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frank_psaila
Frank Psaila

Appeasing David Cameron

Sensing discontent with the EU and its regulations, populist European leaders will now be tempted to do a Cameron, rendering the EU’s laws and regulations an à la carte menu. 

frank_psaila
Frank Psaila
1 March 2016, 7:21am
UK Prime Minister David Cameron (left) makes a point to European Commission President Jean-Claude Juncker
UK Prime Minister David Cameron (left) makes a point to European Commission President Jean-Claude Juncker
British Prime Minister David Cameron is trying to solve a mess of his own making. In the run up to the last general election, he promised the British electorate that a new Conservative government would hold a referendum on Britain’s membership of the EU.

Last week, Brussels, its institutions and EU leaders spent two days in a joint effort to save his face – instead of telling him, loud and clear, that his populist promise might now translate into economic disaster for Britain, should his electorate opt to pull out. 

Unfortunately, they had little choice but to play ball – a Brexit would spell financial trouble for Britain and the rest of the European economy. But Britain’s renegotiation with the EU is likely to create a very dangerous precedent. Sensing discontent with the EU and its regulations, populist European leaders will now be tempted to do a Cameron, rendering the EU’s laws and regulations an à la carte menu. 

Not that the EU and its institutions are not in need of a radical shake-up – it is in deep crisis as people are losing more and more trust. The EU needs a change of course. Poverty and inequality are on the rise. The rich are getting richer, the poor poorer – and it is shamefully obvious that the political elites in Europe can’t be bothered to act. There is a growing social problem in Europe.

A stronger social policy agenda for Europe is needed. New rules for decent work need to be created, and instead of more austerity policies, a long-term growth path is needed to create more jobs which are better paid. Business as usual is not an option. A comprehensive plan for change and a more caring agenda is needed. However, requests by EU members to be allowed to choose the positive reasons to be part of the club and refuse to share any risk with the other member states should not be entertained. Such political appeasement would spell the end of the EU and the reason for its existence.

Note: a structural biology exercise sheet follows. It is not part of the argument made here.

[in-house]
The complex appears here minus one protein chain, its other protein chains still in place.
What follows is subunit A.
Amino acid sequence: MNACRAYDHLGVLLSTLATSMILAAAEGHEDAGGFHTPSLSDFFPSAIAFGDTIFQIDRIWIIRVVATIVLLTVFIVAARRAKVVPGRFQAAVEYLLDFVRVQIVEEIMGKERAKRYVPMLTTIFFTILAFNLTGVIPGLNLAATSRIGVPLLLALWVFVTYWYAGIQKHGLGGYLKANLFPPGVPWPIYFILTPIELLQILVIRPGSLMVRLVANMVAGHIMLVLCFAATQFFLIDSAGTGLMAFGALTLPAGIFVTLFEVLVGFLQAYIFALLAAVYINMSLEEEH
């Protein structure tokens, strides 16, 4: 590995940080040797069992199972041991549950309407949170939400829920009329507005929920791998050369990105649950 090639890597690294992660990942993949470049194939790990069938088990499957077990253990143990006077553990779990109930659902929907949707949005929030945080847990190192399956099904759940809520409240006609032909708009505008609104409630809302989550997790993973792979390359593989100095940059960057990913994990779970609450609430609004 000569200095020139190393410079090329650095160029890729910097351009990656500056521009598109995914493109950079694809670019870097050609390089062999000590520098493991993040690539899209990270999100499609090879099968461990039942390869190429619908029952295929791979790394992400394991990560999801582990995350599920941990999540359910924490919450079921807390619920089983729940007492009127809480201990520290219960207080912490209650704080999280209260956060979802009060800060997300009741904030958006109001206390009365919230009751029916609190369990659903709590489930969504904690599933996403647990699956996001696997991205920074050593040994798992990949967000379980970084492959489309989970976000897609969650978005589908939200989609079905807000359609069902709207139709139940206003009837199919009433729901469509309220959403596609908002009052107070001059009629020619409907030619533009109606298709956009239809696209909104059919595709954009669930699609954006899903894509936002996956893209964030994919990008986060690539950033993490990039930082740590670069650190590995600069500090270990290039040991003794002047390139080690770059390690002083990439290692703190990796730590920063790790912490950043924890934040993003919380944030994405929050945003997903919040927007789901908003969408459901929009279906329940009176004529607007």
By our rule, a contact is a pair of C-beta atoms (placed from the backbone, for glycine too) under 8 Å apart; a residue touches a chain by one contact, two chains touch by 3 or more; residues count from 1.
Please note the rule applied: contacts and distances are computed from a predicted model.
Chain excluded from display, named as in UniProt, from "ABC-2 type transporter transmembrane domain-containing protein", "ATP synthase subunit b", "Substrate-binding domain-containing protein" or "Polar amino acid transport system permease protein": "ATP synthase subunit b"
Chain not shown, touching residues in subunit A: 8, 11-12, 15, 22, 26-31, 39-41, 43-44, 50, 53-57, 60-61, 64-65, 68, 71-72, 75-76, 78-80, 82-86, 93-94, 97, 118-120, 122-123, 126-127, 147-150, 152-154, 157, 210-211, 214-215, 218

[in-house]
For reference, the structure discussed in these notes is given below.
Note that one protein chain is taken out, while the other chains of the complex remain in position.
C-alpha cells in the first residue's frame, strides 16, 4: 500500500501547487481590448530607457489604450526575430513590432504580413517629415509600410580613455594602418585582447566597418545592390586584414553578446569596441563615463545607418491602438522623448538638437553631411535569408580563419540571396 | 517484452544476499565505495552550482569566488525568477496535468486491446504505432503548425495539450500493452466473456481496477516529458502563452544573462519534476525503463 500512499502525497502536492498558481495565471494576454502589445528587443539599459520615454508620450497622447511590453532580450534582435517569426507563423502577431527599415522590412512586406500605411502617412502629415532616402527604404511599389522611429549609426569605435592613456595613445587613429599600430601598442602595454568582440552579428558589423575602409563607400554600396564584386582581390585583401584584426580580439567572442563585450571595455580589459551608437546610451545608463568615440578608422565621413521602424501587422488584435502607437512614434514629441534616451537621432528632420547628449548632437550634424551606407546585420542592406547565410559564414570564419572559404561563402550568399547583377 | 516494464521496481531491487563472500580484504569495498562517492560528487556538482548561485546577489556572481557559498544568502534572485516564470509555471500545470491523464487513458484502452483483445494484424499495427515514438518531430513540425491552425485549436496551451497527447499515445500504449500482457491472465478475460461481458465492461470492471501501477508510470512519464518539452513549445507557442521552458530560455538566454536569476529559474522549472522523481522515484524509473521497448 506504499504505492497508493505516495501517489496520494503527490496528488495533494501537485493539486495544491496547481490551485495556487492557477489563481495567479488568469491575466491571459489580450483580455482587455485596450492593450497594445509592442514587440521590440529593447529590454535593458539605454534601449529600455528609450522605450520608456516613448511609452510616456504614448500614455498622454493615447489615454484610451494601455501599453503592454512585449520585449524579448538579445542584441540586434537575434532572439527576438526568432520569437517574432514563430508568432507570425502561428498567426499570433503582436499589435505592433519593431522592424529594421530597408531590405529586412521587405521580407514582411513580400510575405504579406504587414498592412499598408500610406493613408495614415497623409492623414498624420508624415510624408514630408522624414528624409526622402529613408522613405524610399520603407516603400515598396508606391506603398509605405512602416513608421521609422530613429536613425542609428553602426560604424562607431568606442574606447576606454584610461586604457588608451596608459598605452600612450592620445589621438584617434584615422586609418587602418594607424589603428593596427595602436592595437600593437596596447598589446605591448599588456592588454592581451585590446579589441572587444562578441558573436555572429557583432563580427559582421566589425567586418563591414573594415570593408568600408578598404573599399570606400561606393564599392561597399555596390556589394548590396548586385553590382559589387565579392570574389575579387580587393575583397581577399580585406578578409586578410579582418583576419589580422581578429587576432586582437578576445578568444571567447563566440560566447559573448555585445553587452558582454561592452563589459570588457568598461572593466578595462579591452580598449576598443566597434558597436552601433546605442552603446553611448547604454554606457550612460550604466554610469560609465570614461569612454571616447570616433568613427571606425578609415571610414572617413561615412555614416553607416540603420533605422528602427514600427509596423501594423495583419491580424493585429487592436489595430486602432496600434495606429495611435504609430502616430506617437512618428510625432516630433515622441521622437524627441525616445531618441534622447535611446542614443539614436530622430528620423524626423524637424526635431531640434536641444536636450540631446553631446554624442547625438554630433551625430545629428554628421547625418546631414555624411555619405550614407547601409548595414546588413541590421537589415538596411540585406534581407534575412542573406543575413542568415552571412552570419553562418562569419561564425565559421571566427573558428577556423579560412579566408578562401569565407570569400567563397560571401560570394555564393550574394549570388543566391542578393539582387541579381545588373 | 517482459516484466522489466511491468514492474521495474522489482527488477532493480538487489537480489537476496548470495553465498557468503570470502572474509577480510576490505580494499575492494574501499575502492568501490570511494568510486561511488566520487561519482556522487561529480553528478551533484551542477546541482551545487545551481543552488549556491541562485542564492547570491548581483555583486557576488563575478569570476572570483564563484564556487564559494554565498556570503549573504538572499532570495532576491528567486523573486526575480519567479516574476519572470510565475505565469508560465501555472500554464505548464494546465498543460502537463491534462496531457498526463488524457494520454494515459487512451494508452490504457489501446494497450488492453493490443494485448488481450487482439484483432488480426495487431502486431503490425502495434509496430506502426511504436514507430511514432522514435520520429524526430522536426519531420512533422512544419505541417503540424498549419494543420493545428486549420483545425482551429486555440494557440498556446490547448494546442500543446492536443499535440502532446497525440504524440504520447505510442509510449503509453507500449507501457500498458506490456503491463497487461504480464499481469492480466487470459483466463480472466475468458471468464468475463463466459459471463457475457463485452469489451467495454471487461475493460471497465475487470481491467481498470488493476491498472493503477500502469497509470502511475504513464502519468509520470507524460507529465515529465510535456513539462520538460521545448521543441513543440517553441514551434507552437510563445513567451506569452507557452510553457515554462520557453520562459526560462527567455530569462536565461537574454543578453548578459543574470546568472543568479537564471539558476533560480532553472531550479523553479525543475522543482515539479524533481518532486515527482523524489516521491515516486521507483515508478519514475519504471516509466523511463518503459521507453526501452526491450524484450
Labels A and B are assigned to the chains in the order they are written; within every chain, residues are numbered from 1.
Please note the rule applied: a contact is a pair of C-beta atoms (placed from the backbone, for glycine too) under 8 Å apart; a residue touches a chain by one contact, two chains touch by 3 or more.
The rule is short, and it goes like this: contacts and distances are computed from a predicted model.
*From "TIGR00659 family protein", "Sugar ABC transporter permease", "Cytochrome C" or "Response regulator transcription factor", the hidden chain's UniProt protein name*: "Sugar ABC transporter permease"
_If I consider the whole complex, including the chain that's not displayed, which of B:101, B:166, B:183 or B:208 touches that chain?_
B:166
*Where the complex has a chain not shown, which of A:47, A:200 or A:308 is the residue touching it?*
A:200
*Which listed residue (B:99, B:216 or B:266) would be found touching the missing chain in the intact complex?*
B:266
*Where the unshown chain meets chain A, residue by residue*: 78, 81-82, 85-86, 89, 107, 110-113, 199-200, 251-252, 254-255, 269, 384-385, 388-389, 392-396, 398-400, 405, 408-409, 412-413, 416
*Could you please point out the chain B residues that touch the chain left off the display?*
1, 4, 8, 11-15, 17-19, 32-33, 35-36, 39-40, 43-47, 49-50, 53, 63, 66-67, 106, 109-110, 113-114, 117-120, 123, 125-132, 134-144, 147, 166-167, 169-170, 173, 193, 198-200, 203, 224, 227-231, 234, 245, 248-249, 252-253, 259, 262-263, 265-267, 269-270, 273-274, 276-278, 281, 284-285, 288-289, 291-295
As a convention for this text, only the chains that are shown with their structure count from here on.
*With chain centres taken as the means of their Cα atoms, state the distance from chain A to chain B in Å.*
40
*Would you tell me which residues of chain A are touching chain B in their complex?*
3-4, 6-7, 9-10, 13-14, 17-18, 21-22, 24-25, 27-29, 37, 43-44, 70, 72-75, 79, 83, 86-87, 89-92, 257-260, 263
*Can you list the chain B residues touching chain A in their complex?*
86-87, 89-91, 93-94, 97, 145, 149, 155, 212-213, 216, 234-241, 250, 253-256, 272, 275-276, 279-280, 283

If David Cameron really and truly wants an EU that is closer to the people, and one which is more flexible on its rules and regulations, he should have used Britain’s political muscles to implement a much needed radical shake up within the EU and its institutions. But Cameron wanted to secure another victory at the polls – that was, and remains, his sole concern. 

Cameron knows that being part of the EU brought jobs and investment to Britain. Pulling Britain out of the EU would be catastrophic, first and foremost, to Britain herself. The ratings agency Moody has warned that a Brexit will threaten the UK’s credit score, and risk the country’s rating. Exports, according to Moody’s, would likely suffer, as would investment. On Monday, the pound hit a seven-year low of $1.4067, down 2.3% which, according to financial reports, was the biggest one-day fall since 2009. 

Although the odds in this 23rd June, 2016, referendum are still in favour of IN, shortly after returning to London, from Brussels, Cameron received a political blow as London Mayor Boris Johnson, widely seen as a potential Cameron successor, became the highest profile politician to back Brexit. Along with Johnson, six Cabinet Ministers are backing OUT. By the looks of it, it will be a close fought campaign. 

Even if the IN campaign prevails, in the long term Cameron’s renegotiation is likely to prove trivial as disappointment with the EU and its institutions among the British electorate remains. 

At the Justus Lipsius, the building that is home to the EU council, EU leaders appeased David Cameron and created a very dangerous precedent. Instead of wasting taxpayers’ money on appeasing the populist leaders among them, they should get their act together and strive towards bigger reforms of the Union. In appeasing David Cameron, although they had little choice but to do so, EU leaders risked setting up a different category of EU membership – pick and choose. 

More flexibility is fine, but having an à la carte Europe would be the beginning of the end for the European Union. EU leaders, including prospective Prime Ministers, should be told that having an à la carte Europe is just not possible. They should then pull up their socks and strive towards a more caring agenda for the European Union.

frank_psaila
Frank Psaila, a lawyer by profession, anchors Iswed fuq l-Abjad on Net TV. He was formerly...
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